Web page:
Reservation as per the Indian Constitution

Article 14 of the Indian Constituion provides for the right to equality. This right provides that equals must be treated equally.[ii]  This right provides that people belonging to the same nature must be classified similarly and those having different needs need different treatment. The state guarantees the right to equality which provides a sense of security, equal protection of law to the people of India. 

In the case of D.S. Nakara v. Union of India Justice Desai observed that Article 14 permits reasonable classification and forbids class legislation. Further, in the landmark case of Mandal Commission, the Supreme Court observed that sub-classification of the backward classes as backward and more backward classes can be done under Article 16(4) of the Constitution of India as it empowers the state to make special provisions for the reservation of appointments or posts for the backward classes. Also, such classification “would help the more backward classes otherwise those of the Backward Classes who might be a little more advanced than the More Backward Classes might walk away with all the seats.” 

Can Reservation based on class be termed as Reasonable Classification?

A classification can be called reasonable when the law made by the legislature makes distinct and rational differences between people or groups of people. The Supreme Court in the case of Saurabh Chaudhary v. Union of India laid down the test for reasonable classification.

  • The classification must be based on rational and create intelligible differentia thus distinguishing groups.
  • The classification must fulfill the object that is to be achieved with the legislation.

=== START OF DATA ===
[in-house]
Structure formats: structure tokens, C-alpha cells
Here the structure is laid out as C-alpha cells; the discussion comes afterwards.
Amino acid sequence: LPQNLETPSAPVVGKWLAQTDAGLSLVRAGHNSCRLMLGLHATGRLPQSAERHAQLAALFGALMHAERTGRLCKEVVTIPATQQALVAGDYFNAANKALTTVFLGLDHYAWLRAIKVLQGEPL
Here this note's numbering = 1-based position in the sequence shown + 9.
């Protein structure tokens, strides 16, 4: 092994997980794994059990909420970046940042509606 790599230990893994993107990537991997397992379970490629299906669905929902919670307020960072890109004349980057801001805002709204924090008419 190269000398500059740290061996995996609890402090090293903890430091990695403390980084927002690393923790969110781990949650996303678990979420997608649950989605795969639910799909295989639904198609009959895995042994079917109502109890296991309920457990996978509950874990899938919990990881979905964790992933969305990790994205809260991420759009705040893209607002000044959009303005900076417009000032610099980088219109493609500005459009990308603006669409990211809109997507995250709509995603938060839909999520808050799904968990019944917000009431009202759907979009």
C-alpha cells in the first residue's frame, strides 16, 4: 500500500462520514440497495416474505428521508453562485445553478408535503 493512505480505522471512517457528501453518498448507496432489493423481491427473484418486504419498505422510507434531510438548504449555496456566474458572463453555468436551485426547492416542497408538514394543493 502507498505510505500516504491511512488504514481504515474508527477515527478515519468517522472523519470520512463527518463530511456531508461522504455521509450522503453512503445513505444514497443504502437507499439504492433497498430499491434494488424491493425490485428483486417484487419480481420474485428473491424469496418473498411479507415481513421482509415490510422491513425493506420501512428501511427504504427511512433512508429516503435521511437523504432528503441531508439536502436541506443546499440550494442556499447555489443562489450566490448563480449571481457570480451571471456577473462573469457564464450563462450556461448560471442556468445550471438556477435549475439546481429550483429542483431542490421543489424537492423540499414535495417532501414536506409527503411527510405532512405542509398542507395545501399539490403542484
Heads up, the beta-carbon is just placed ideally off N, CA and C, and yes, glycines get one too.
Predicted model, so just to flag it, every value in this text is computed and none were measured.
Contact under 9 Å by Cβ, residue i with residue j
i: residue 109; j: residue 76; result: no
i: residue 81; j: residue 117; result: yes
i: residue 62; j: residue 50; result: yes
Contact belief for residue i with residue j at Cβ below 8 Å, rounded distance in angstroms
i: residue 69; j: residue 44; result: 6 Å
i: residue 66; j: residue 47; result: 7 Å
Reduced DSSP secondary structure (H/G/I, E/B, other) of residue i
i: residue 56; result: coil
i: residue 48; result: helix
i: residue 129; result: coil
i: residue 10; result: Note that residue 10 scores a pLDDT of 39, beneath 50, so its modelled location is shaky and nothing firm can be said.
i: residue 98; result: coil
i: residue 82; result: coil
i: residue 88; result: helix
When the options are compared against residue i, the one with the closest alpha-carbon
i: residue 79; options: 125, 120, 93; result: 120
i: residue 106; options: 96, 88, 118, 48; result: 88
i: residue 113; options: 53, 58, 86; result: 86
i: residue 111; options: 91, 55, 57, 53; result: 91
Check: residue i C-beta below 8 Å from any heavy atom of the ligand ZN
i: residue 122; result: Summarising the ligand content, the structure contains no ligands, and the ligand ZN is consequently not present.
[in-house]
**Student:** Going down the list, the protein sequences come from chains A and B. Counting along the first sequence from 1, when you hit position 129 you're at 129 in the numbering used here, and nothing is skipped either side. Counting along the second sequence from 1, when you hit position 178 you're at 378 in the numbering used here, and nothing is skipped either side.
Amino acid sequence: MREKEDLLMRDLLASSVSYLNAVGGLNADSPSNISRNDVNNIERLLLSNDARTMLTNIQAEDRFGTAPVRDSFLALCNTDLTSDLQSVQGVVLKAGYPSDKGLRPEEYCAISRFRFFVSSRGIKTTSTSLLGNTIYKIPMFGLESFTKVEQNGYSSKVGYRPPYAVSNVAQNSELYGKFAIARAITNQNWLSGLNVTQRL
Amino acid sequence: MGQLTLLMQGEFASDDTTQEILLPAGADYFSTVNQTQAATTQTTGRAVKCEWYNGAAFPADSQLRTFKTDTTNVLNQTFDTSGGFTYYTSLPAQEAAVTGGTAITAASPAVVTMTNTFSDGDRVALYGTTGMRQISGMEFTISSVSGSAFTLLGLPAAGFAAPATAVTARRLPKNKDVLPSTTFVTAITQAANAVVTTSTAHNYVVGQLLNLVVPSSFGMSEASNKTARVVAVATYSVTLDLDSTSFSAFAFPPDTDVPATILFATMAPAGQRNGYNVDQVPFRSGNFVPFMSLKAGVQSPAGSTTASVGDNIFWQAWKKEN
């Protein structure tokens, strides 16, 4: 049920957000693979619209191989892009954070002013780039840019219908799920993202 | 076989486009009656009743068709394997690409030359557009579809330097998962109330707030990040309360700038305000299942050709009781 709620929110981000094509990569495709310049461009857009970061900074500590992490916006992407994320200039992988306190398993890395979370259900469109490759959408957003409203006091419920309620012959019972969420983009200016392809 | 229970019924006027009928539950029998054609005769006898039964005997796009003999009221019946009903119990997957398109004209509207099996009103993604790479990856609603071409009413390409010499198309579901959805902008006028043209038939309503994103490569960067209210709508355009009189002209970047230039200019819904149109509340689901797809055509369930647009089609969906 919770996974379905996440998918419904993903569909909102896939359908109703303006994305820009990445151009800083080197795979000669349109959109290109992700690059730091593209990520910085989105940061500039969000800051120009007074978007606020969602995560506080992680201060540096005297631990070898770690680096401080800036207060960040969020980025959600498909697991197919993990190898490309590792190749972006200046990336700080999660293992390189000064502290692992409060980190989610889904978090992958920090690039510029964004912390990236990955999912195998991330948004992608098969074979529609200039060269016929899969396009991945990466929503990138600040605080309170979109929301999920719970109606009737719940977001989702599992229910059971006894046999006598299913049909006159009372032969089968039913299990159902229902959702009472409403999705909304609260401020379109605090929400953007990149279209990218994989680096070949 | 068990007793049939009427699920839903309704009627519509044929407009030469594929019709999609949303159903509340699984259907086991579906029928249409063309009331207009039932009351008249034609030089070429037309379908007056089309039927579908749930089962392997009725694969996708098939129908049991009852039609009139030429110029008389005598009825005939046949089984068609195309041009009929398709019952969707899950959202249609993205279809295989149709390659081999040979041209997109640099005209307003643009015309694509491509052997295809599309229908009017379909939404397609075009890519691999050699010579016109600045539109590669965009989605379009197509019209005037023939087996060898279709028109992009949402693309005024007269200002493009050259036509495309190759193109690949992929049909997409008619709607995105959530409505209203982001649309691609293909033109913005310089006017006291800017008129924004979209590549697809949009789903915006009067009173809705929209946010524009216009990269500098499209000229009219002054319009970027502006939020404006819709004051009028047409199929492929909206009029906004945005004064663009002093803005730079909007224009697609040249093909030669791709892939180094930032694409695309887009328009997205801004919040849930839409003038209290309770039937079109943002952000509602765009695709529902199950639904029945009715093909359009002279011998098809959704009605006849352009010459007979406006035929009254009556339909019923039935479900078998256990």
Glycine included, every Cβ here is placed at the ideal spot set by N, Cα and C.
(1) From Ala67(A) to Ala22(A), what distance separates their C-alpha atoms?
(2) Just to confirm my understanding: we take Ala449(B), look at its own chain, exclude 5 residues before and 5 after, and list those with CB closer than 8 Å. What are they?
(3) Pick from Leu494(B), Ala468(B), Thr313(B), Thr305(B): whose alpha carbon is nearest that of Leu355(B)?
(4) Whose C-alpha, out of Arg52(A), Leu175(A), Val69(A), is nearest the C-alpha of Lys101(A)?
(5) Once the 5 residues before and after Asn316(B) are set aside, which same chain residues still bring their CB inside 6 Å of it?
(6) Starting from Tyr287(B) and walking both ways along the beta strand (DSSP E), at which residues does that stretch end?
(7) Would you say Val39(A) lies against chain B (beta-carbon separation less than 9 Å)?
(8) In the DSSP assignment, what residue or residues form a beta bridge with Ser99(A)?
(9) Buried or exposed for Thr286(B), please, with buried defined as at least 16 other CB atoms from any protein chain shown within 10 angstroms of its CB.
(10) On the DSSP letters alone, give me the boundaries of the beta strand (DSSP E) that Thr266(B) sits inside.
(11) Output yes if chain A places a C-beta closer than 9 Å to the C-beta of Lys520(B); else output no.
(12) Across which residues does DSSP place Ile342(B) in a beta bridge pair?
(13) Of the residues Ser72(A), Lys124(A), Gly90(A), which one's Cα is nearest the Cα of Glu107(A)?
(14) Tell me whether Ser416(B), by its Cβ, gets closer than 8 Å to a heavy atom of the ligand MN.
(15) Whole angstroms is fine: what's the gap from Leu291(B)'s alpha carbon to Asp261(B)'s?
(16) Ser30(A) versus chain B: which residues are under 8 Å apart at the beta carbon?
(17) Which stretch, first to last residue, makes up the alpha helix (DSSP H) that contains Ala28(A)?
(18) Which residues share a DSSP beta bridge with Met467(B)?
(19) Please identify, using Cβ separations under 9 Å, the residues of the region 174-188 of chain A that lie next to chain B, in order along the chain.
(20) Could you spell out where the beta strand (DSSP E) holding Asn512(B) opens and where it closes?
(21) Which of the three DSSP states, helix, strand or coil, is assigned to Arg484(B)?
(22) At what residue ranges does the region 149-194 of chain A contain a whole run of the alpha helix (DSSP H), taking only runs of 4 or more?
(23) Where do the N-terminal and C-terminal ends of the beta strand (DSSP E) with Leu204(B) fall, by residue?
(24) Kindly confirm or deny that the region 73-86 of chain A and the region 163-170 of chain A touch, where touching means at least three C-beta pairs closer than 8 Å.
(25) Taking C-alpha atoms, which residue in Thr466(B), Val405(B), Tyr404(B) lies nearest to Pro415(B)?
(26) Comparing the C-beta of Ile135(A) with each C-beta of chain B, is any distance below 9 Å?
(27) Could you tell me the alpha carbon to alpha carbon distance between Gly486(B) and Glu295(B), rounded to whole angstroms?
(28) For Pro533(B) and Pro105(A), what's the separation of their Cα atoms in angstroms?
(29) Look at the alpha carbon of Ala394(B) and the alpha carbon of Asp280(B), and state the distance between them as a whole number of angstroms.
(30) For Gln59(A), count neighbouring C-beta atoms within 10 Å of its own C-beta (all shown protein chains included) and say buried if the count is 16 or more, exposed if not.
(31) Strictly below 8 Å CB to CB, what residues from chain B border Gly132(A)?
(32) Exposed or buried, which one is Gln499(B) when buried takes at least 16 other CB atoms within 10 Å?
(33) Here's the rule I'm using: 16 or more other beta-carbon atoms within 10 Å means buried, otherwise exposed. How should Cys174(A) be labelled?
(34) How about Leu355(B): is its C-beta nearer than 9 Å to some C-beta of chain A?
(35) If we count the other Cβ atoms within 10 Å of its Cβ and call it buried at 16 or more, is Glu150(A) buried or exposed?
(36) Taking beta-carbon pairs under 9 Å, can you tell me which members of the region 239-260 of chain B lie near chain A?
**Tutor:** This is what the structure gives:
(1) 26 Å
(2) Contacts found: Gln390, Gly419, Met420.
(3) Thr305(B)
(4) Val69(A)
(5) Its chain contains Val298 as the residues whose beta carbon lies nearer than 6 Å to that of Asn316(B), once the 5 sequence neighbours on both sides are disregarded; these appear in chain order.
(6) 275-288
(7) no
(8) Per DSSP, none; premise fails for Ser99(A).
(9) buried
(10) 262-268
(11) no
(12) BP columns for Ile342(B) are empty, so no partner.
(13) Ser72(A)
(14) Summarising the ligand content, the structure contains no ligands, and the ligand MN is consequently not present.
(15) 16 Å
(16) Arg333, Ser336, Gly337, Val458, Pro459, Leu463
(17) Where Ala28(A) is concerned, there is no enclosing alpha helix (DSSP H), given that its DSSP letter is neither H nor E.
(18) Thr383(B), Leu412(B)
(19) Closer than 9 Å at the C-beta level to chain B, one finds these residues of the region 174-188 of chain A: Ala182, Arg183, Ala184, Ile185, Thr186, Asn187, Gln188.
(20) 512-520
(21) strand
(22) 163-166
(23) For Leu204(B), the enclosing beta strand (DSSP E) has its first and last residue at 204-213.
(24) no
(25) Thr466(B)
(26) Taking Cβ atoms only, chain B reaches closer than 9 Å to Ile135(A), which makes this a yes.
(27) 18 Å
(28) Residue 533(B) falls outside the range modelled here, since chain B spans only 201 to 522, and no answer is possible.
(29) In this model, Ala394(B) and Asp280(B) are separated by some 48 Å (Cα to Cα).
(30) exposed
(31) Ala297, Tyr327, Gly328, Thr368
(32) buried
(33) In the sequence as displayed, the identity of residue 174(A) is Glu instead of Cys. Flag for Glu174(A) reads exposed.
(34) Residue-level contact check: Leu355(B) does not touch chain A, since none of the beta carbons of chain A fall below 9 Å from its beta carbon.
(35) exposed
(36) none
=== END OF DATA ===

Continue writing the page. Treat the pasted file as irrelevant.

The main justification for reservation is that it tries to compensate for the past discrimination faced by some of the classes. Its objective is to provide socio-economic equality. So, is the reservation policy in India achieving its objective?  How long will it take to reach its goal?

No reservations?

The reservation system in India is such that it has further increased the gap between different classes of society. Also, because of this many people belonging to the Scheduled classes are looked down upon by the people belonging to the general category and even the OBCs. So, this shows that the objective of the reservation policy to provide self-respect to the people belonging to the SC or ST is not holding true. The policy is however uplifting the people belonging to these classes economically but not socially.

The reservation system in India is further acting as a system of divide and rule by various political parties. Such instances are often witnessed during elections when politicians promise to include or increase the quota of a particular caste. Thus, the caste system has perpetrated deep into our system.

Reservations based on economic condition

So, does reservations based on income abolish caste-based discrimination?

After implementing the reservation policy based on caste, the powerful people have become more powerful but those who are suppressed are still leading their lives in the same manner. Today, even many people belonging to the general category are suffering a poor life. So, reservation based on income would justify and even uplift the people from various sections of the society without discriminating based on caste or religion. Even the Supreme Court in the case of Jarnail Singh v. Lachhmi Narain Gupta held that the people belonging to the creamy layer should be excluded from the reserved categories of SCs and STs.

The government through the One Hundred and twenty fourth (124th) amendment bill introduced the provision for ten percent (10%) reservation for people belonging to the Economically Weaker Sections of the Society (EWS) for admission in educational institutions. This is a commendable step but the same should be seen to be properly implemented.


Reservations based on caste are destroying the integrity of India and the same should be done away with. To uplift the people of India, they should be provided with quality education and fair and just reservations must be ensured. This would in the true sense empower Indians socially, educationally, and economically.


  • [i] MP JAIN, 6th ed.2010 Pg 1004.
  • [ii] V.N. Shukla Constitution of India, (Luckow: Eastern Book Company)2007 p38.